Consider a European call and put with values $C_t$ and $P_t$, respectively, under the Black-Scholes model. By put-call parity, $$ C_t - P_t = S_t - Ke^{-r(T-t)} $$ for expiration time $T$. Note if $K = S_te^{r(T-t)}$ we get $$ C_t = P_t. \qquad (1) $$ Of course, $S_te^{r(T-t)}$ is the time $T$-forward price of the stock at time $t$, which is arrived at from a no arbitrage argument and not just taking expectations. That is, $$ S_te^{r(T-t)} \neq E_P(S_T \mid S_t) = S_te^{\mu(T-t)}, $$ where $P$ is the physical measure and $\mu$ the drift rate.

I see that (1) holds simply by put-call parity, but I'm seeking a deeper understanding. Is it that, the call and put prices are equal because, under the risk-neutral measure $Q$, the expected value of the stock is the strike price (which is the forward price in this case)? That is, $$ S_te^{r(T-t)} = E_Q(S_T \mid S_t) = K, $$ and hence the stock is equally likely to finish above or below the strike? Or, is there something deeper going on, like a no arbitrage argument?


Certainly, you must agree that $$ C_{T}-P_{T}=\left(S_{T}-K\right)^{+}-\left(K-S_{T}\right)^{+}=S_{T}-K. $$ Therefore, since $$ C_{t}=e^{-r\left(T-t\right)}E_{Q}\left[C_{T}\right]\text{ and }P_{t}=e^{-r\left(T-t\right)}E_{Q}\left[P_{T}\right] $$ it follows by the linearity of $E$ that $$ C_{t}-P_{t}=e^{-r\left(T-t\right)}E_{Q}\left[C_{T}-P_{T}\mid \mathcal{F}_{t}\right]=e^{-r\left(T-t\right)}E_{Q}\left[S_{T}-K\mid \mathcal{F}_{t}\right]=e^{-r\left(T-t\right)}\left(e^{r(T-t)}S_{t}-K\right). $$ The put-call parity follows.


The Call-Put parity $$C_{T}-P_{T}=\left(S_{T}-K\right)^{+}-\left(K-S_{T}\right)^{+}=S_{T}-K $$ will exist under any condition, since it is pretty much a mathematical fact.

However, I think the straight answer to your question $$ K = S_te^{r(T-t)} => C_{t} = P_{t} $$ is : not always, but only under an efficient market i.e. no-arbitrage, frictionless and complete market.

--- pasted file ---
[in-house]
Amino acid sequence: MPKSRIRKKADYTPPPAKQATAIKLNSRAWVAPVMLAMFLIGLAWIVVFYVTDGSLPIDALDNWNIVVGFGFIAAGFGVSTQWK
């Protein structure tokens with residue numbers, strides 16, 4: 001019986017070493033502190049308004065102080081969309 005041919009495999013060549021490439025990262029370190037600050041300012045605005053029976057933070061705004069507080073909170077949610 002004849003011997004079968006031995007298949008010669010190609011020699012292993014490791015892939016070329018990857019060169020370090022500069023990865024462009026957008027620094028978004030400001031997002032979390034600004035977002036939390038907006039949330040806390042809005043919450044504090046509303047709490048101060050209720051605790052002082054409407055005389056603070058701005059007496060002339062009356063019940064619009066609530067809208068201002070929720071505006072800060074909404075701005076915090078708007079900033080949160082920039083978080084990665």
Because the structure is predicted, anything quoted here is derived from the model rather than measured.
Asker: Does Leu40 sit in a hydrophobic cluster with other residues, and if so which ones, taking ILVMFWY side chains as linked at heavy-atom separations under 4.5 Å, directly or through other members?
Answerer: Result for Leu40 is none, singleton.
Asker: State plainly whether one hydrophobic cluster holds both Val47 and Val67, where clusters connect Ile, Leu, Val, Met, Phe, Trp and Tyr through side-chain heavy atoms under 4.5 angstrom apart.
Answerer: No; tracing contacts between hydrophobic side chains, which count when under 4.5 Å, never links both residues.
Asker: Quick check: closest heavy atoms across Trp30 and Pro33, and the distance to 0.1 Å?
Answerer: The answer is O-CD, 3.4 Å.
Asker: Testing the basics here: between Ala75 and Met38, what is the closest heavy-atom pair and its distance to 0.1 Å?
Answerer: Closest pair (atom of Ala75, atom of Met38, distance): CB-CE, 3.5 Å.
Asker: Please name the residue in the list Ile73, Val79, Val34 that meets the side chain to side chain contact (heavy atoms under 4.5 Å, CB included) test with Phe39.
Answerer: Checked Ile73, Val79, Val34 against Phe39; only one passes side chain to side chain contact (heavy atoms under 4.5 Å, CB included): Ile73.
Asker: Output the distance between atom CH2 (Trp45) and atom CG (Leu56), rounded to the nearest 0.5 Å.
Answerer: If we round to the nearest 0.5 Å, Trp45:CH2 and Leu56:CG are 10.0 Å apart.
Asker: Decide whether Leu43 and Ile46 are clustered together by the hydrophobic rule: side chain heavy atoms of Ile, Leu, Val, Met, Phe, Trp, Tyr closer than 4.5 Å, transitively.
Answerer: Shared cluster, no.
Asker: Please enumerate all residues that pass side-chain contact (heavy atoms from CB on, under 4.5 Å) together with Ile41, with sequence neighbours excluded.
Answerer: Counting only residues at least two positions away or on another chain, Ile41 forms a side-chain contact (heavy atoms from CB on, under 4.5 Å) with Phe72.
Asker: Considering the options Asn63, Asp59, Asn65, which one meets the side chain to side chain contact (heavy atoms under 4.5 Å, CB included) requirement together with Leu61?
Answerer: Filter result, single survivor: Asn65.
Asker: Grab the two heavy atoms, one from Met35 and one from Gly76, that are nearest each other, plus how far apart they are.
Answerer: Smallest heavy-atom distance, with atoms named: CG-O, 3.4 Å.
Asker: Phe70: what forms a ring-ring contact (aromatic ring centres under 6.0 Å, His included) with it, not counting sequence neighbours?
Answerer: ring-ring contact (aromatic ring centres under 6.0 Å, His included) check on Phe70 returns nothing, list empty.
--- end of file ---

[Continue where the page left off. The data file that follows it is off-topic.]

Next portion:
You can think of a not-so-rare market scenario when a very popular company issues its first stocks. Market expectations from the stock are high. It is not unusual to find call options to be highly overpriced compared to puts. Even when $K = S_te^{r(T-t)}$, you may find that $C_{t} >> P_{t}$. This may seem like a case of transient arbitrage, but think of an opposite scenario in case of a distressed stock - lack of liquidity may be the problem there. The efficient market hypothesis is not valid in these cases.

Fundamentally I think the definition of the forward price is the one that leads to call and put prices being equal, and not the other way round, i.e. $$ C_{t} = P_{t} => K = E\left[S_{T} \right] $$ This is converse to your question, but there is a subtle difference here which is important.

This forward price is the expected future price of the asset under some measure. It so happens that only under efficient market hypothesis a risk-neutral measure $Q$ can be shown to exist, and you can use this to prove that this forward price is equal to the expected future price $K = E_{Q}\left[S_{T} | S_{t} \right] = S_te^{r(T-t)}$.

A speculator can define an alternate probability measure $P$ under which $E_{P}\left[S_{T} | S_{t} \right] > S_te^{r(T-t)}$. He will speculate different Call and Put prices under this measure, but the Call-Put Parity will still hold. $$ C_{t}^{P} - P_{t}^{P} = E_{P}\left[(S_{T} - K)^{+}| S_{t}\right] - E_{P}\left[(K - S_{T})^{+} | S_{t}\right] = E_{P}\left[S_{T} | S_{t}\right] - K > 0 $$


Since you write under BS model, it is a tautology in this model.
Assume you use Black, which you can without loss of generality, as one can easily be transformed into the other (FX is easier to show with covered interest rate parity in my opinion).

Looking at $$d1 = ( log(F/K) + 0.5*σ^2*t ) / (σ*sqrt(t))$$ $$ d2 = d1 - σ*sqrt(t)$$ it is not immediately obvious what happens. However, we can express $$ d2 = ( log(F/K) - 0.5*σ^2*t ) / (σ*sqrt(t))$$

Now, $log(1)= 0$ which means we are really just left with a positive and one negative value of the $\sigma$ term and all else is equal. The below uses Julia to define the Black model and get call, put as well as the result for $d1$ and $d2$ as an output. Julia uses 1-based indexing.
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$N(d1)$ and $N(d2)$ always sum to 1; if $F=K$ and $N(-d1) = 1-N(d1)$ by definition (same for $d2$). Now, if $F = K$, you can immediately see that the equations will always be identical. Now, BS does not need Put-Call parity, but wikipedia shows how to get the put formula by applying it.


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